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Louisville Metro announces plan for spending first opioid settlement payout

A view of the front display of a CVS pharmacy on 8th Ave., in Manhattan, N.Y., on Dec. 17, 2015.
Bryan Anselm
A view of the front display of a CVS pharmacy on 8th Ave., in Manhattan, N.Y., on Dec. 17, 2015.

Louisville Metro Government will receive a $7 million installment from numerous opioid settlements by the end of the year.

Mayor Craig Greenberg announced Thursday Louisville’s plans for the first installment of the payout from health care companies and drug manufacturers that contributed to the opioid epidemic.

The first round of spending, roughly $1.5 million, will be split between the Kentucky Harm Reduction Coalition, the University of Kentucky and Feed Louisville. Louisville Metro Department of Public Health and Wellness will also extend the city’s supply of naloxone — the opioid overdose reversal medication also known by the brand name Narcan — and add more overdose prevention training.

“The impact of opioids like fentanyl goes beyond the deaths. It wrecks lives and families. It contributes to challenges like homelessness and public safety,” Greenberg said.

The Kentucky Harm Coalition will expand services in Latino communities and the West End. University of Kentucky will set up a fixed location for Target 4 Region 5, which provides free HIV and Hepatitis C testing and prevention services. Feed Louisville is tasked with expanding outreach to homeless Louisvillians.

Connie Mendel, the interim chief health strategist of the Louisville Metro Department of Public Health and Wellness, said the distribution of funds was determined by where they were most needed in the city.

“Last year, while total overdose deaths declined in Kentucky, the state saw an increase in overdose deaths among our Black residents,” Mendel said. “The goal of our recommendations is to increase opportunities for everyone to live their healthiest life, and reach their full human potential.”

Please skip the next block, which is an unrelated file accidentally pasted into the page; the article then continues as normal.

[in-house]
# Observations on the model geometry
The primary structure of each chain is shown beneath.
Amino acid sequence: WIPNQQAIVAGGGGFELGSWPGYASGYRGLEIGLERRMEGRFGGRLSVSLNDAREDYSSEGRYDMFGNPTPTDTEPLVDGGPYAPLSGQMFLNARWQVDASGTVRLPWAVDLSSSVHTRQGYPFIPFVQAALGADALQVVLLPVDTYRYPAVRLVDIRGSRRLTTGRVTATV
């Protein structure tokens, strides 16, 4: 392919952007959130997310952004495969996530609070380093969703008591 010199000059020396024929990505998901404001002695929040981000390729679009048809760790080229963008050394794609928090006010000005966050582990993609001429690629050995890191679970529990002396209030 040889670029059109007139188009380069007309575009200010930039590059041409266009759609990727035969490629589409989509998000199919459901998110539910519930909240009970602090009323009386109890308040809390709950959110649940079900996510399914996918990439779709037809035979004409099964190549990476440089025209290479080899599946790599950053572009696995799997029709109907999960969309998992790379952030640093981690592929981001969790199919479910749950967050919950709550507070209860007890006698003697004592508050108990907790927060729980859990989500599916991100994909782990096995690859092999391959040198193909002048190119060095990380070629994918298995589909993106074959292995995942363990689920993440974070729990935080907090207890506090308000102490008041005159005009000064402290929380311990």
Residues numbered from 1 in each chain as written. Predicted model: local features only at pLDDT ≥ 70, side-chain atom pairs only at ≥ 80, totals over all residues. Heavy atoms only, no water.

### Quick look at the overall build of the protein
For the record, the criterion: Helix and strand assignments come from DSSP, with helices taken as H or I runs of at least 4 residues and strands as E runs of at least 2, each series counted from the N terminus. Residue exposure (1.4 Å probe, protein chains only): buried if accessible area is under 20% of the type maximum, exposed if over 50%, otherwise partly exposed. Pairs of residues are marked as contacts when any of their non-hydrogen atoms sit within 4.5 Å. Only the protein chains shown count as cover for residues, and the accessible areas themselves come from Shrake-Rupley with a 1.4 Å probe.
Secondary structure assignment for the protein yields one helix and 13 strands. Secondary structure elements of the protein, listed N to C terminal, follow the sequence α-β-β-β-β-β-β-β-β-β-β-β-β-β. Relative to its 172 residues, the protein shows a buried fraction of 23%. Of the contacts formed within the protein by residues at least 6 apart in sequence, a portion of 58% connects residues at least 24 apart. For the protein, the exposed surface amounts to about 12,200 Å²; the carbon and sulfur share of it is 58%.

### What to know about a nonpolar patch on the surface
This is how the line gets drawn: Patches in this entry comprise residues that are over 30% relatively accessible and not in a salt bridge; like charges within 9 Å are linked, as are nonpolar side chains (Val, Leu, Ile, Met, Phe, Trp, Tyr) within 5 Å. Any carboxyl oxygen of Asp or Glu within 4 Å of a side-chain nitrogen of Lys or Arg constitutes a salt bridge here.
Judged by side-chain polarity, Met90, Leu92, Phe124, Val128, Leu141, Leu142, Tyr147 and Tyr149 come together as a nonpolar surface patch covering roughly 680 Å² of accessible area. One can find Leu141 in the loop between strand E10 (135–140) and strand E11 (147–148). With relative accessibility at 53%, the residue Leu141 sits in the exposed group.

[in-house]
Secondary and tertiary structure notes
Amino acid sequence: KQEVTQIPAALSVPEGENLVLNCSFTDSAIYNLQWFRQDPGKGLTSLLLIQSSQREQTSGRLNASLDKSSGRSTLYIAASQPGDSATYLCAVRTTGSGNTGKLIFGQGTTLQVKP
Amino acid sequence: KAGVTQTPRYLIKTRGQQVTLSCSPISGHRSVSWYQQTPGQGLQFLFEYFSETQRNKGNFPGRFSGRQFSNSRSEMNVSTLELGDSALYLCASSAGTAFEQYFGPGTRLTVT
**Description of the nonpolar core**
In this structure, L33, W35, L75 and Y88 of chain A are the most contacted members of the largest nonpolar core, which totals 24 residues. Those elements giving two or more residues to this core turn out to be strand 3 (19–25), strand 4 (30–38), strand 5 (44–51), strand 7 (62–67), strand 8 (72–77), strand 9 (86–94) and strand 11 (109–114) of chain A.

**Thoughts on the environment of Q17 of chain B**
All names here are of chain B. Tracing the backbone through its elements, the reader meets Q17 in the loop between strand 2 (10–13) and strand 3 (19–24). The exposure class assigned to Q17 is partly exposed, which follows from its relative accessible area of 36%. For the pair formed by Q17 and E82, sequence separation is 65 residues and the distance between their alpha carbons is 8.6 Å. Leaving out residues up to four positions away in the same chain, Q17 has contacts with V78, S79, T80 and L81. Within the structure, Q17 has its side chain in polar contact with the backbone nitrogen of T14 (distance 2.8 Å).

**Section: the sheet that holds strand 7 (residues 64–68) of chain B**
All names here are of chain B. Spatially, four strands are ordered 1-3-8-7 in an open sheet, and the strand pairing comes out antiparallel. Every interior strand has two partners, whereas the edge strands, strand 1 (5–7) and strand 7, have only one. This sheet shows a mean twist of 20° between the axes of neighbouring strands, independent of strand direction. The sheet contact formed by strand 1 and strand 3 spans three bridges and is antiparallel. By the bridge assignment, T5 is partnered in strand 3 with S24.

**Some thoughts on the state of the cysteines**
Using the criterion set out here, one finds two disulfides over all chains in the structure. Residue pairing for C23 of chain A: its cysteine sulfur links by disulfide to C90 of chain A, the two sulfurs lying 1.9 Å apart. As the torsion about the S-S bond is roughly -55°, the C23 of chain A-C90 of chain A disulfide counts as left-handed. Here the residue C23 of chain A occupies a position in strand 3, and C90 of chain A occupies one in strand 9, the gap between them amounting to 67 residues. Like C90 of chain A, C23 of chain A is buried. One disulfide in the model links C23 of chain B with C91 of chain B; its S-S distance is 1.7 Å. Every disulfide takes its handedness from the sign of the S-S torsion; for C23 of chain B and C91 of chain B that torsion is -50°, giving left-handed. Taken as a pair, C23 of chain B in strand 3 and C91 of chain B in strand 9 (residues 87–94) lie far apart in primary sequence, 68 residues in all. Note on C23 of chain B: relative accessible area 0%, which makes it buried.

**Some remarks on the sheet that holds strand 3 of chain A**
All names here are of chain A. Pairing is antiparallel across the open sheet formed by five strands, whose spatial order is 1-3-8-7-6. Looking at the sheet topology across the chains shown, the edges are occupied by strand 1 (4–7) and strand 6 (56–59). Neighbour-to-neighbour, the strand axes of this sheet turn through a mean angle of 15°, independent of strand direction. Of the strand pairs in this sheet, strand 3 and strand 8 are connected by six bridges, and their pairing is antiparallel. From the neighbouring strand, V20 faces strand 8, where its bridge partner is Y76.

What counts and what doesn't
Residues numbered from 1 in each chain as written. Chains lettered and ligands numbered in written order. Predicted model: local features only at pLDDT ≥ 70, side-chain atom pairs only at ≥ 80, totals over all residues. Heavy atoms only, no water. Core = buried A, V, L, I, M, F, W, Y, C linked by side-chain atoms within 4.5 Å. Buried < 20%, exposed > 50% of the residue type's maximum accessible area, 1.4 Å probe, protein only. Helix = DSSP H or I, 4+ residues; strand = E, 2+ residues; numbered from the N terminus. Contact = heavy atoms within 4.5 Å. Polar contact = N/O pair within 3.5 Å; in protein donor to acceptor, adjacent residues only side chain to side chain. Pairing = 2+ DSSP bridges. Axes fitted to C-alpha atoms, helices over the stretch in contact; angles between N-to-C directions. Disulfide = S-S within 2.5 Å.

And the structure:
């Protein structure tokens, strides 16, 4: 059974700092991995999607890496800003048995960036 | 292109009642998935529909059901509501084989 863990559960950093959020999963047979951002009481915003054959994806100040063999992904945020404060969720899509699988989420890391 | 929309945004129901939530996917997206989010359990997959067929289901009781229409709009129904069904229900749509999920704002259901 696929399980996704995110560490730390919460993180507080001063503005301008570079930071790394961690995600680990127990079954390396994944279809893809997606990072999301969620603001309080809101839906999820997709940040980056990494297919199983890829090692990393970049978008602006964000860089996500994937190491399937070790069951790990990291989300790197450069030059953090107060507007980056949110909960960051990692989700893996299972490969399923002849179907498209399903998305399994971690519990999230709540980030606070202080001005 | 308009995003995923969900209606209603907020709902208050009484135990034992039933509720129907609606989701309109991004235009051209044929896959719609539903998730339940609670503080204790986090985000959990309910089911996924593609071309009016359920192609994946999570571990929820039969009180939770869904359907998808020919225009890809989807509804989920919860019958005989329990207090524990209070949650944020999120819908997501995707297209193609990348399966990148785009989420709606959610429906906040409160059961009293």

Greenberg said another $250,000 will go towards setting up a community advisory board, alongside an “external evaluator” that will assess how funds are distributed. The board will be appointed over the next couple of months.

The remaining $5.3 million will be awarded through a public application process, which will launch in fall. The city will prioritize proposals that focus on prevention and long-term recovery. Metro Council will approve all expenditures.

Though Louisville is only receiving $7 million this year, the drug companies and distributors involved will pay out more than $57 million to the city over the next 18 years. The funds are separate from the state’s share of the settlement.

Sarah Martin, the civil division director at the Jefferson County Attorney's Office, said it's possible some of the state’s share could also make its way back to Louisville. Martin said there will likely be more settlements in the future with companies that contributed to the opioid epidemic. Companies that have settled so far include AmericaSource Bergen, Cardinal Health, McKesson, Johnson & Johnson. Just last month, CVS, Walmart, Teva and Allergan also reached national settlements for their roles in the opioid epidemic.

Mendel said that this infusion of cash will not be enough to “solve” the epidemic, but it will save lives in the meantime.

“[We will] continue to invest in evidence-based solutions for substance use prevention and address the needs of people who experience the greatest barrier to accessing harm reduction, treatment and recovery services,” Mendel said.

Sylvia is the Capitol reporter for Kentucky Public Radio, a collaboration including Louisville Public Media, WEKU-Richmond, WKU Public Radio and WKMS-Murray. Email her at sgoodman@lpm.org.

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